I found Boal’s comparison of photography to language to be especially interesting as a means to empower those who often have no other way of ‘officially’ expressing themselves in national contexts. The oppression underscoring the enactment of a single-language literacy program in a multi-lingual culture, such as the Peruvian one cited in Boal’s article, can only be countered through an appeal- framed in the majority/literate language- to the individual’s agency. For many new language learners, the language they are being encouraged to speak associatively represents the oppression of those that are requiring them to speak it. This tendency was clearly highlighted by the man who took a picture of the bloody, teary-eyed boy when he was asked to take a picture that would capture his sense of home. For him, home was not merely a spatial living space, but an arena of struggle and subjugation: protective dogs could be summarily captured by the state, leaving their owners vulnerable to mutilation by rats in their sleep. I find this type of language education to be especially valuable within a contemporary American context where migrants are actively encouraged to learn a language in a formalized, disengaging manner that often reinforces their apprehension in engaging not only forms of expression, but social, political, and economic processes as well. Language should be presented as a means of self-determination and self-expression, not formal or bureaucratic requirement. Such a presentation would allow new language learners to critically confront the oppressive structures they feel themselves burdened by in their forced adoption of a new language.
I also found Boal’s performative practices in prisons to be applicable to constructive dialogues. The idea of allowing people to reverse roles, and thereby critique or sympathize with their oppressors/subjects, sets the foundation for a mutually-beneficial reformation of prison systems. The American prison system is broken. The antagonism between prisoners and prison guards has become so stark that it seems no reconciliation is possible, with both parties experiencing equally imperiling consequences. Prison guards all but allow prisoners to govern themselves within a certain unspoken codex of acceptable behavior and brutality, thereby leaving prisoners, and prison guards, subject to the malicious and coercive forces nurtured and reinforced by our prison systems. Prisoners refuse to cooperate with prison guards for fear of retaliation by their fellow, ‘ruling’ prisoners. Prison guards refuse to sympathize with prisoners for fear of being attacked. etc. If these diametrically opposed groups could be allowed to experience each other from their respective perspectives, a mutual progress might be made possible. If prisoners and prison guards could be made to see that they are both sovereign individuals, and not just impersonal members of a massified opposition, their individual concerns could be addressed and reconciled. Boal’s emphasis on the function of performance as a possible way of opening this discursive space reminded me of a video of Philippine prisoners who are taught, and perform, dances in prison. These prisoners are allowed to be human in their performance, capable of creative productivity in a place where they are often abandoned to a regimented life of collective sterility. Thus, a catharsis is experienced by both the prisoners, who are able to present themselves in their own light, and the guards, who come to see them in a different, less antagonistic, light.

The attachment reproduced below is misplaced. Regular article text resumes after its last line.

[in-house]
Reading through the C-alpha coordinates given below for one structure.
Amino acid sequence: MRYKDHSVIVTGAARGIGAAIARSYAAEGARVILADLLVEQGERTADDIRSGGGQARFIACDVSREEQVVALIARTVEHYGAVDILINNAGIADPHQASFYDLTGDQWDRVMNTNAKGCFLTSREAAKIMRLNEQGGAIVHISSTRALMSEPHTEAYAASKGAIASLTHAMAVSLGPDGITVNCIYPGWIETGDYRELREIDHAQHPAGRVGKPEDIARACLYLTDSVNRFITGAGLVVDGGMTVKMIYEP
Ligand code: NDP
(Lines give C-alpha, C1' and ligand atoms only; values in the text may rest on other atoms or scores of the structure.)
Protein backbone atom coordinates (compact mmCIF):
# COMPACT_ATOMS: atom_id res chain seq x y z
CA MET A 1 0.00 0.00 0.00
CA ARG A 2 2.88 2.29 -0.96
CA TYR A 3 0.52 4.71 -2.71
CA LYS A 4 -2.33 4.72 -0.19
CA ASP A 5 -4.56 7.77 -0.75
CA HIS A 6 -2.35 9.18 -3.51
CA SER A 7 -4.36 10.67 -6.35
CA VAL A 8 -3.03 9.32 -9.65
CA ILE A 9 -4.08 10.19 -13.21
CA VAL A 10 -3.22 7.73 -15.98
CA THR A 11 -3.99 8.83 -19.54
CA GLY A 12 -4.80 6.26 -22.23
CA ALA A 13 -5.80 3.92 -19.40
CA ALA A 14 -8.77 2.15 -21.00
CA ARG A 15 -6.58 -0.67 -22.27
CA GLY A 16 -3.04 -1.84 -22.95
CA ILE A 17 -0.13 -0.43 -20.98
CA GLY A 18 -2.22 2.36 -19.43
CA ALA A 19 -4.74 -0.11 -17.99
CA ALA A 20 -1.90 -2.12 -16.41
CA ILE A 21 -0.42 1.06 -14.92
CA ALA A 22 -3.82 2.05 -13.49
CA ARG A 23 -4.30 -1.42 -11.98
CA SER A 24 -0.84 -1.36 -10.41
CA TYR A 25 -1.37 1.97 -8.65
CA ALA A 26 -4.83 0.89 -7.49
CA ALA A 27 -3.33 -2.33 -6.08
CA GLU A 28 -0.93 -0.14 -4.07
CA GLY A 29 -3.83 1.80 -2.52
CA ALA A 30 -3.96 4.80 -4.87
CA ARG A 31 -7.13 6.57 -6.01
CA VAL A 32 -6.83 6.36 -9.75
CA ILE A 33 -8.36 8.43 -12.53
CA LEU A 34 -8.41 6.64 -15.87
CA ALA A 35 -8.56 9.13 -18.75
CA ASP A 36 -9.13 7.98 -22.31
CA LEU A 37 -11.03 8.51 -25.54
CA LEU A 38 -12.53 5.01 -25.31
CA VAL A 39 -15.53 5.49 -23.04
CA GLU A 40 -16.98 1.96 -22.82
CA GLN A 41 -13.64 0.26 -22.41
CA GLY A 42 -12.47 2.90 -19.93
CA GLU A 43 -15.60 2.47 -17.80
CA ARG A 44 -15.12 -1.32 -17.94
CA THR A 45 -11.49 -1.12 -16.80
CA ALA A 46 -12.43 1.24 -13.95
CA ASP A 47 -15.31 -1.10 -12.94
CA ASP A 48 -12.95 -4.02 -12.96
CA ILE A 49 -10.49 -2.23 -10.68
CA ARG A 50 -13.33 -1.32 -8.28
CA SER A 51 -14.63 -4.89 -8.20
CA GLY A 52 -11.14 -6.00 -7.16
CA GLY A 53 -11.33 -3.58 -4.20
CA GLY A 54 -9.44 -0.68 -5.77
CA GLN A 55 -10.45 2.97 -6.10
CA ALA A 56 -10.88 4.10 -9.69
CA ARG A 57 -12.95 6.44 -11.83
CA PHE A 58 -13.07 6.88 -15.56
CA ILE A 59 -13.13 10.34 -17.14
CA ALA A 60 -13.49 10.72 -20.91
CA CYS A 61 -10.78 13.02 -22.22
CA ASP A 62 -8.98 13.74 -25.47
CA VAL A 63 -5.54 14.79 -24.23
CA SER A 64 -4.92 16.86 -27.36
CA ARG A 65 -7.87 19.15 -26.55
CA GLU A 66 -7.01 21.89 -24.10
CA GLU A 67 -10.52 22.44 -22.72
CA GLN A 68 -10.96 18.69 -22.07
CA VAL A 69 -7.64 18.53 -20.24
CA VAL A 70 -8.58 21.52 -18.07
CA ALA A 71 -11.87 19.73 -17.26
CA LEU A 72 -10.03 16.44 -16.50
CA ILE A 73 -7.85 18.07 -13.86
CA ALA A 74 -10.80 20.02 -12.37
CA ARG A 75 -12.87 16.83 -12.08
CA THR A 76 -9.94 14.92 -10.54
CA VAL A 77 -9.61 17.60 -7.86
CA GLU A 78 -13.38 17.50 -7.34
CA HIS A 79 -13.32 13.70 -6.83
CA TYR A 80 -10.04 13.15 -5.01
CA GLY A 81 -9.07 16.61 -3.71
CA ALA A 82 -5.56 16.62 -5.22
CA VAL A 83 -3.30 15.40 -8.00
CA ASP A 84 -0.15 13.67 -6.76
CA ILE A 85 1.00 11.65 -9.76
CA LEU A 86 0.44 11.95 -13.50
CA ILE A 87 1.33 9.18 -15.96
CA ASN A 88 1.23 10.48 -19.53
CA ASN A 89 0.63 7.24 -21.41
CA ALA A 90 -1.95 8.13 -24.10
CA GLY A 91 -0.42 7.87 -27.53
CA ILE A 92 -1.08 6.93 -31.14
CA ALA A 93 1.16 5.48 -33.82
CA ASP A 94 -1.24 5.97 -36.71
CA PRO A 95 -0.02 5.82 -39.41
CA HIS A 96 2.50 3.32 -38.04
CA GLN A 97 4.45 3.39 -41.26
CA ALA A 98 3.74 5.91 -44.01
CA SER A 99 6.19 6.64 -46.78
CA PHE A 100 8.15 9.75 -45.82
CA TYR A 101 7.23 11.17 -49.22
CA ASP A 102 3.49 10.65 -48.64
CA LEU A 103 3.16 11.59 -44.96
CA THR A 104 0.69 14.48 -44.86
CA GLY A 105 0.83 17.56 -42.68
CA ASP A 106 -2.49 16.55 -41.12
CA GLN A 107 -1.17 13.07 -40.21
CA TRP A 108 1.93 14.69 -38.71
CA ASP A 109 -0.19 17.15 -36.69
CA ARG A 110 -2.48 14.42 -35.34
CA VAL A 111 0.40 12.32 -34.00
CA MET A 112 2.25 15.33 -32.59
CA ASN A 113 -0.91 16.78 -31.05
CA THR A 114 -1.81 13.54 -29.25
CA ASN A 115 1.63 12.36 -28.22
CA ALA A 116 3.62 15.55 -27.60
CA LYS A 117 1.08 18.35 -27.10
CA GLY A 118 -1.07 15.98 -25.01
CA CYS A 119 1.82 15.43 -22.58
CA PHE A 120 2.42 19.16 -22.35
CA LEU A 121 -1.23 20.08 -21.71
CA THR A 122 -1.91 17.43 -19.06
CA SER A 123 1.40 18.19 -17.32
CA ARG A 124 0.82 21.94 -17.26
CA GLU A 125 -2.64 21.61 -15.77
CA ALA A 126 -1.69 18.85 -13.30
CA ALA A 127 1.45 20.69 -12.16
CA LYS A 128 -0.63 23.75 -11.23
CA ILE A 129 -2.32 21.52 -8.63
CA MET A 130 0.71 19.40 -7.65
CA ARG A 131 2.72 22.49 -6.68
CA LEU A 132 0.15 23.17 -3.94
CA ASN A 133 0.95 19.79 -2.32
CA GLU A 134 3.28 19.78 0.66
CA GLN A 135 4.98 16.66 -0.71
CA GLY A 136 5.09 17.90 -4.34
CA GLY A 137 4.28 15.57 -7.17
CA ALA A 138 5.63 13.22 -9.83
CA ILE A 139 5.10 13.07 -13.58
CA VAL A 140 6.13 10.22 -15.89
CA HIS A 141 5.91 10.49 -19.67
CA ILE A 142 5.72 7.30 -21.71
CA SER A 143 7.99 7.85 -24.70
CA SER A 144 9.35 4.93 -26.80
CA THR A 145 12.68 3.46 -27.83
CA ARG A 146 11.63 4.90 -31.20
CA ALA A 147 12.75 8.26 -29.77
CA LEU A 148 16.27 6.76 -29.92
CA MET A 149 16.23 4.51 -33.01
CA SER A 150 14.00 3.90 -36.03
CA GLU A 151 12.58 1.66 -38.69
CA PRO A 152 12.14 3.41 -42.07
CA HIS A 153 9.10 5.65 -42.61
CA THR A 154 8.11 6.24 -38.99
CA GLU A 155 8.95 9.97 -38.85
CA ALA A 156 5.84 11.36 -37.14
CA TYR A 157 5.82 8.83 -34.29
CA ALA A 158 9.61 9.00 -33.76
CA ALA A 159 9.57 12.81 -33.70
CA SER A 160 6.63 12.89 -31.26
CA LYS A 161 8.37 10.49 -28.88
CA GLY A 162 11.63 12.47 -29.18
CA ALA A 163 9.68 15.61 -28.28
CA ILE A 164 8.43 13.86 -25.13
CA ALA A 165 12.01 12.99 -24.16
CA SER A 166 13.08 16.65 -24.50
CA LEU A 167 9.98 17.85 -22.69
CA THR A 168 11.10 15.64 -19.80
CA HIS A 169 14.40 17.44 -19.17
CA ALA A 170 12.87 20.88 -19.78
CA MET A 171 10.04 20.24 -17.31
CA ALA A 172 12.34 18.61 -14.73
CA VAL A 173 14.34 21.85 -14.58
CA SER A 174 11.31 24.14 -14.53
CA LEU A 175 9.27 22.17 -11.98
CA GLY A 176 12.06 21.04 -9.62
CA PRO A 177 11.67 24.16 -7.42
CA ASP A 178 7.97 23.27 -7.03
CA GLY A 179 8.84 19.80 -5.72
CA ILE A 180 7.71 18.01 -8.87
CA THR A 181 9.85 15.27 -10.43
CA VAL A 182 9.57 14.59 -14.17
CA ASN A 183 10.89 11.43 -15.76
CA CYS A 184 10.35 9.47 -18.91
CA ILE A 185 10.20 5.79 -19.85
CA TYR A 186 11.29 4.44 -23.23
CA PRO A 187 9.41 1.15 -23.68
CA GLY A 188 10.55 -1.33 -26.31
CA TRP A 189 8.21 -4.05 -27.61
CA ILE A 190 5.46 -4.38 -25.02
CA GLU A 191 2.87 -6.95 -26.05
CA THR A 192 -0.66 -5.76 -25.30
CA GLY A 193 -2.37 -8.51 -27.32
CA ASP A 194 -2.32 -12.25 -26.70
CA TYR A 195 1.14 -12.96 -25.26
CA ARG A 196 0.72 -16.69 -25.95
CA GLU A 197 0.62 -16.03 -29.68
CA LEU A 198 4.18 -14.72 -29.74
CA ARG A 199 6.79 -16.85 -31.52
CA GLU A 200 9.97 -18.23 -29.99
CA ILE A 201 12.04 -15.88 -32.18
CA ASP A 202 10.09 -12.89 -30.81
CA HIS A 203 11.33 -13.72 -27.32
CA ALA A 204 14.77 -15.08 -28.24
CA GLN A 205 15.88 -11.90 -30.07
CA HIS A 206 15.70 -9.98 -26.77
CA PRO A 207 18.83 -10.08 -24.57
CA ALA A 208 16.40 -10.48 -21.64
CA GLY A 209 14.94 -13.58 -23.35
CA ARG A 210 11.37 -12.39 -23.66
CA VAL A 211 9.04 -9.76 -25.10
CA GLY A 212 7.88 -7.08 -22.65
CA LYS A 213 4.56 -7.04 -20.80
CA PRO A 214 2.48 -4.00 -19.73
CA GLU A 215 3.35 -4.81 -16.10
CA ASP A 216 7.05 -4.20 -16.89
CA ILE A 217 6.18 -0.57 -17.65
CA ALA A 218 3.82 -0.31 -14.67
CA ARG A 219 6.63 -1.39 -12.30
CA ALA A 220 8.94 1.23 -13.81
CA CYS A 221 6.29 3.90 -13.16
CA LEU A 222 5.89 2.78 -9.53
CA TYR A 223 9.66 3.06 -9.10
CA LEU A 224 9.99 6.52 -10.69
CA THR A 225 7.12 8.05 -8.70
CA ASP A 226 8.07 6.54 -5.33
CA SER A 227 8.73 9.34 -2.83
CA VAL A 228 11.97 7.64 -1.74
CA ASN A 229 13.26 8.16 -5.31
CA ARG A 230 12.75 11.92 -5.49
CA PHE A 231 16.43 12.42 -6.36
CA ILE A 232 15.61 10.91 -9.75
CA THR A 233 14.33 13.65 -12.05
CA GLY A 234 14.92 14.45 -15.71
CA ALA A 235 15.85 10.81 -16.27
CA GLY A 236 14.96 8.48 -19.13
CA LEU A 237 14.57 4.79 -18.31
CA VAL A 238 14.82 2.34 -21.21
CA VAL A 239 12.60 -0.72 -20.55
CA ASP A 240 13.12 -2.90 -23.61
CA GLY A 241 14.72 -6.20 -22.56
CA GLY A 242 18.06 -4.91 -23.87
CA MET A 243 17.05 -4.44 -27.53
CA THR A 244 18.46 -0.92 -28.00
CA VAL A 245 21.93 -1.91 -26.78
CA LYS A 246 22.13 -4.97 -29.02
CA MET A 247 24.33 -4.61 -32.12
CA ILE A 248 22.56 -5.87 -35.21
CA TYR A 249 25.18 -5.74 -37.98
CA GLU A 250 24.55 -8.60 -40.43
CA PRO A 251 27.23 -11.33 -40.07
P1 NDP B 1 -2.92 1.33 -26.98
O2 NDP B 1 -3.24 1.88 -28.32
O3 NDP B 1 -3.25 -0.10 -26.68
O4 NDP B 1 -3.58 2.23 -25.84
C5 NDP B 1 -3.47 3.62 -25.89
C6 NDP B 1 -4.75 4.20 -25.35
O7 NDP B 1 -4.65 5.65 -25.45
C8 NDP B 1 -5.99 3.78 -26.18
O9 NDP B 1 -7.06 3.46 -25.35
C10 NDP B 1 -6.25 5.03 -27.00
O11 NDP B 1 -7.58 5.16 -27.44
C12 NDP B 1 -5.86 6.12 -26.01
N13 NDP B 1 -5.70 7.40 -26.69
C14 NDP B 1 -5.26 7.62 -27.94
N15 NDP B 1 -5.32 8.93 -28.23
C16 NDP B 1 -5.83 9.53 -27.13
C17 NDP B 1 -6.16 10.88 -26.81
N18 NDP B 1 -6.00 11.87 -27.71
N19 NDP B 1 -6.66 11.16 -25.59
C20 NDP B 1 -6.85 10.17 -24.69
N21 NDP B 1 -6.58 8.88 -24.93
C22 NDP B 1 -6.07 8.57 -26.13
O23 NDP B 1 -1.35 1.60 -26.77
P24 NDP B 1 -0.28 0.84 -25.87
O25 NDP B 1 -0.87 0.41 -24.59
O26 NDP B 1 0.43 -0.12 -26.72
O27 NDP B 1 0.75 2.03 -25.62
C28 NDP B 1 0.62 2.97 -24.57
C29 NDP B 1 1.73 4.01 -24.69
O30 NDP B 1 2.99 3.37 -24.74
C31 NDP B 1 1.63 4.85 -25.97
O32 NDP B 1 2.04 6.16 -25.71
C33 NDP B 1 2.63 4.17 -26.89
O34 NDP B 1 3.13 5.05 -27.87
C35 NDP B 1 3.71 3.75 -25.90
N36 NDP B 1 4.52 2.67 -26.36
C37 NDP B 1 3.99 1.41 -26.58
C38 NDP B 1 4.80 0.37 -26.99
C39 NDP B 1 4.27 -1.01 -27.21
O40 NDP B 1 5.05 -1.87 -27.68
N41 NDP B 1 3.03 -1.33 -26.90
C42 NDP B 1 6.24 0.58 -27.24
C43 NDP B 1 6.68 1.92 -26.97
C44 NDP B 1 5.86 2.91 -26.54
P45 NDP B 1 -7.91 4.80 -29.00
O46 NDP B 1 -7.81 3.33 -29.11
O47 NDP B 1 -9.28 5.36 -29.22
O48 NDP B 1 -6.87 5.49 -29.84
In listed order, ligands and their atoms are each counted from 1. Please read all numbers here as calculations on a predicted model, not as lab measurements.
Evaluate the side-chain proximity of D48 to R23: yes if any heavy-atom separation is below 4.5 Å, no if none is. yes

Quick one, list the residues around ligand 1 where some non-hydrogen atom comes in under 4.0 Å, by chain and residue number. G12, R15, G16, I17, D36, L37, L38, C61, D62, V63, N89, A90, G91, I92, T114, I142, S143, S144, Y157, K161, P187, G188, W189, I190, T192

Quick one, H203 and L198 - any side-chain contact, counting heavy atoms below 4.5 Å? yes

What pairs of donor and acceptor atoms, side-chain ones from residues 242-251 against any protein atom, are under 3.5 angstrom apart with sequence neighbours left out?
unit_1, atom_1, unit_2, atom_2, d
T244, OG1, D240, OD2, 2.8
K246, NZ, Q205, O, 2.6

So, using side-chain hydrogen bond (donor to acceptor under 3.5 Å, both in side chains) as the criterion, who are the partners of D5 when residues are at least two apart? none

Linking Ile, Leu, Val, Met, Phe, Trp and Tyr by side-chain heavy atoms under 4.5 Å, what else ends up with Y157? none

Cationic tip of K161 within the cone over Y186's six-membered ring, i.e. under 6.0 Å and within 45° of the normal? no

Youtube video of Prisoners doing ‘Thriller’: http://www.youtube.com/watch?v=hMnk7lh9M3o